A driver had an Amazon delivery vest and several packages stolen from Fair Lawn in his car, said Paramus police who arrested him after he presented a bogus driver’s license as identification, authorities said.
It was another in an increasing series of package thefts in North Jersey, through which thieves steal residents' identities, then use the information to order merchandise such as iPhones and other pricey items.
They then show up to accept delivery.
Responding to a call of a suspicious vehicle on Spencer Place, Officer Diego Cruz and Officer Michael Mullay found two men parked in a black 2008 Infiniti M35, Police Chief Kenneth Ehrenberg said.
The driver, 41-year-old Esosa Tongo, showed them an Ohio driver’s license that bore the name Jeffrey Ball and a physical description that didn’t match his, Ehrenberg said.
The officers then spotted the packages and reflective orange "Amazon Delivery" safety vest, he said.
The addressed recipient’s identity had been stolen to order the packages, the chief said.
Police at headquarters found Tongo carrying more bogus driver’s licenses and a fraudulent credit card, he said.
He was charged with fraudulent use of a credit card and possession of false government documents and released pending a court hearing, Ehrenberg said.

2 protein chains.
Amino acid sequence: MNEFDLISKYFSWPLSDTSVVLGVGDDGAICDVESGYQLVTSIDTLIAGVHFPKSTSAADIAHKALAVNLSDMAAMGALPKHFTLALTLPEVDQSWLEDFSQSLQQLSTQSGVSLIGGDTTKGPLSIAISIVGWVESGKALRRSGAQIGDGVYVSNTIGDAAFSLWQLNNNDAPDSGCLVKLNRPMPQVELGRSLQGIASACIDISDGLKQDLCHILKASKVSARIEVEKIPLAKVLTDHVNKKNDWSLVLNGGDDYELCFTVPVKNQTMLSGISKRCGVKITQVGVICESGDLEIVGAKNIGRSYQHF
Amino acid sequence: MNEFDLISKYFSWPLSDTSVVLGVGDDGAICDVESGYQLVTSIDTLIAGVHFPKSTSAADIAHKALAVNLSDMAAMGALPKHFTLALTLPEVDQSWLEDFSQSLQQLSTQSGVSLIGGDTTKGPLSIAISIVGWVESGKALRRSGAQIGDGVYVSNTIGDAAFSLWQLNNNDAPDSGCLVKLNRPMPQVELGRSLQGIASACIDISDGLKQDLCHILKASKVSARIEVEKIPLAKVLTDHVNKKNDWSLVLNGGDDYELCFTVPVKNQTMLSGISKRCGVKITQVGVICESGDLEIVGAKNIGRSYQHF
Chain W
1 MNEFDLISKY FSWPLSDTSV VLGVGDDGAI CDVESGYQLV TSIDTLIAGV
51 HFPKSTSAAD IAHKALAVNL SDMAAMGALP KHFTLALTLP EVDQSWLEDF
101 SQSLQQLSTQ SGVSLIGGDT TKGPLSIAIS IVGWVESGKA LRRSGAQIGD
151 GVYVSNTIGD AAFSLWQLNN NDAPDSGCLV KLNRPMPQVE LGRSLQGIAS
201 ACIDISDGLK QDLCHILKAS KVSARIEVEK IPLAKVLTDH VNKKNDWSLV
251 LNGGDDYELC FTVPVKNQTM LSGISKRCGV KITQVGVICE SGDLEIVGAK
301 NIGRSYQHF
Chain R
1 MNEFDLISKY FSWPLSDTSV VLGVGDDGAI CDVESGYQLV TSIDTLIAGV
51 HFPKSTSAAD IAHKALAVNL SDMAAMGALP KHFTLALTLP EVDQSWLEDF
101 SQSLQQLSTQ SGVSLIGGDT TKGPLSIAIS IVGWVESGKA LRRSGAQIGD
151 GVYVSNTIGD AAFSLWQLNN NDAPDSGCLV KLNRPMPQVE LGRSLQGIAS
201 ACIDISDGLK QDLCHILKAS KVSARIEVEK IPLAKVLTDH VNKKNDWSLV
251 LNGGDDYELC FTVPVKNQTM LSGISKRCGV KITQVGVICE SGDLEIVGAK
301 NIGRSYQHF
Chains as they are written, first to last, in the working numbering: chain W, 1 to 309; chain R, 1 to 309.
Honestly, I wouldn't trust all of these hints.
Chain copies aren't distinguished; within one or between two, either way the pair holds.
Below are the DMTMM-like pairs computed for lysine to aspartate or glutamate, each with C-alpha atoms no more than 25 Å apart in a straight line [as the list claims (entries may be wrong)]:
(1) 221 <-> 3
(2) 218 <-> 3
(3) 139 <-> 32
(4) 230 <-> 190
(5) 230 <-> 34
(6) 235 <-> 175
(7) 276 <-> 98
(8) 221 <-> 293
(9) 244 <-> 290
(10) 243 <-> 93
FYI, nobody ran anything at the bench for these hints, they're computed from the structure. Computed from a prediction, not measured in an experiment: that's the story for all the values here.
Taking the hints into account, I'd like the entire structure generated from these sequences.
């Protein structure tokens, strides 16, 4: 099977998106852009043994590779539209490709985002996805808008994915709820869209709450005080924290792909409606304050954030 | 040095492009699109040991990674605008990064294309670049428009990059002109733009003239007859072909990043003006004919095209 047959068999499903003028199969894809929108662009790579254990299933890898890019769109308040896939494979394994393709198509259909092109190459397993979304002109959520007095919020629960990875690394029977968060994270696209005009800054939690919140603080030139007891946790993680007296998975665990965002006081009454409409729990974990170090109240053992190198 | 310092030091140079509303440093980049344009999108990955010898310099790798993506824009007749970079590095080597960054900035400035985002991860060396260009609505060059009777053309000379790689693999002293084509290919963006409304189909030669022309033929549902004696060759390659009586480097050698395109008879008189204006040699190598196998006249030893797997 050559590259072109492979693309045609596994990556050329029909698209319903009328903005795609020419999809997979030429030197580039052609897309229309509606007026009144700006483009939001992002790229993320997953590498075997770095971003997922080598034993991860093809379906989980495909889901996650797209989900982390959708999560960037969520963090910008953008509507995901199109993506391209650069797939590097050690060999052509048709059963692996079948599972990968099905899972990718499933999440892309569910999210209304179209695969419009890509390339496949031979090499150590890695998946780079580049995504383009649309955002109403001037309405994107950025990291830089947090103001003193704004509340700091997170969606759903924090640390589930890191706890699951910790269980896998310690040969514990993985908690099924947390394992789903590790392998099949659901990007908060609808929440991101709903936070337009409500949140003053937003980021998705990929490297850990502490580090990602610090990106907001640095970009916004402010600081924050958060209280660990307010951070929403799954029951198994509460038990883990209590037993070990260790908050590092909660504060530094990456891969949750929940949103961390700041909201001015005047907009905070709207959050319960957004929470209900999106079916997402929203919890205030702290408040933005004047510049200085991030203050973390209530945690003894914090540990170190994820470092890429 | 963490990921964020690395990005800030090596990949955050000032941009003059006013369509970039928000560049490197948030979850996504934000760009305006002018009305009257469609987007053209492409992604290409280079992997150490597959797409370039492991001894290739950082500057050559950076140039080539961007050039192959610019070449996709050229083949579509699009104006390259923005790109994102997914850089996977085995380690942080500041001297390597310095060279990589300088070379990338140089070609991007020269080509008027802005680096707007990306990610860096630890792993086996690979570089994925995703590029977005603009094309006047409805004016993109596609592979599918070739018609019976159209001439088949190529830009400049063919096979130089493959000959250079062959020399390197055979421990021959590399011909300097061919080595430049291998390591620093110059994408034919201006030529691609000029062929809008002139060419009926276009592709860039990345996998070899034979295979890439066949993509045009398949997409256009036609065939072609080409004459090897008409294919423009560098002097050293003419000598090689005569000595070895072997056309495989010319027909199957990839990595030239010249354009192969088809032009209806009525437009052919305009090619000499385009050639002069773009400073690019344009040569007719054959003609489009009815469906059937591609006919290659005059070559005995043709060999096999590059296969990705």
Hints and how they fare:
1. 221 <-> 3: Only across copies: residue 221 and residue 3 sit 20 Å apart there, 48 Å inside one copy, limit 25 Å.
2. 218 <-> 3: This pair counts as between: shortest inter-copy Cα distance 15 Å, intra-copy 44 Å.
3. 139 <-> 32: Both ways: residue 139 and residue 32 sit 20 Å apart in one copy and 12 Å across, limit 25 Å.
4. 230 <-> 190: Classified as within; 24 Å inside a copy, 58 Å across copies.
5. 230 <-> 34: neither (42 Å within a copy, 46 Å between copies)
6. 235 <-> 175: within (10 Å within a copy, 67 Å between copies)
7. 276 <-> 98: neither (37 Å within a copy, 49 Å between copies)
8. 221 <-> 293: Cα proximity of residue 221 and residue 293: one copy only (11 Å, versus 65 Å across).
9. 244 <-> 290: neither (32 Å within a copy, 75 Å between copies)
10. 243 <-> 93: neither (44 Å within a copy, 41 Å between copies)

“There was no evidence to detain the second occupant and he was released after being identified, pending further investigation,” he added.
The chief asked that anyone who might have also been a victim of Tongo’s or has information that could help the investigation call Paramus police at (201) 262-3400 ext. 1412 or use the department’s TIPS App: www.paramuspolice.org .
“Citizens are reminded not to let anyone into their homes, including reported Amazon delivery persons, meter readers, etc., unless they are expected and recognized,” Ehrenberg said.
ALSO SEE: An identity thief ordered $15,000 in gift cards using an innocent victim's credit card – then was nabbed by Oakland police as he picked them up, authorities said.
ALSO SEE: A package thief took a different approach when he used an Emerson woman's address to order two iPhones, then waited and signed for the delivery outside her house, authorities said.
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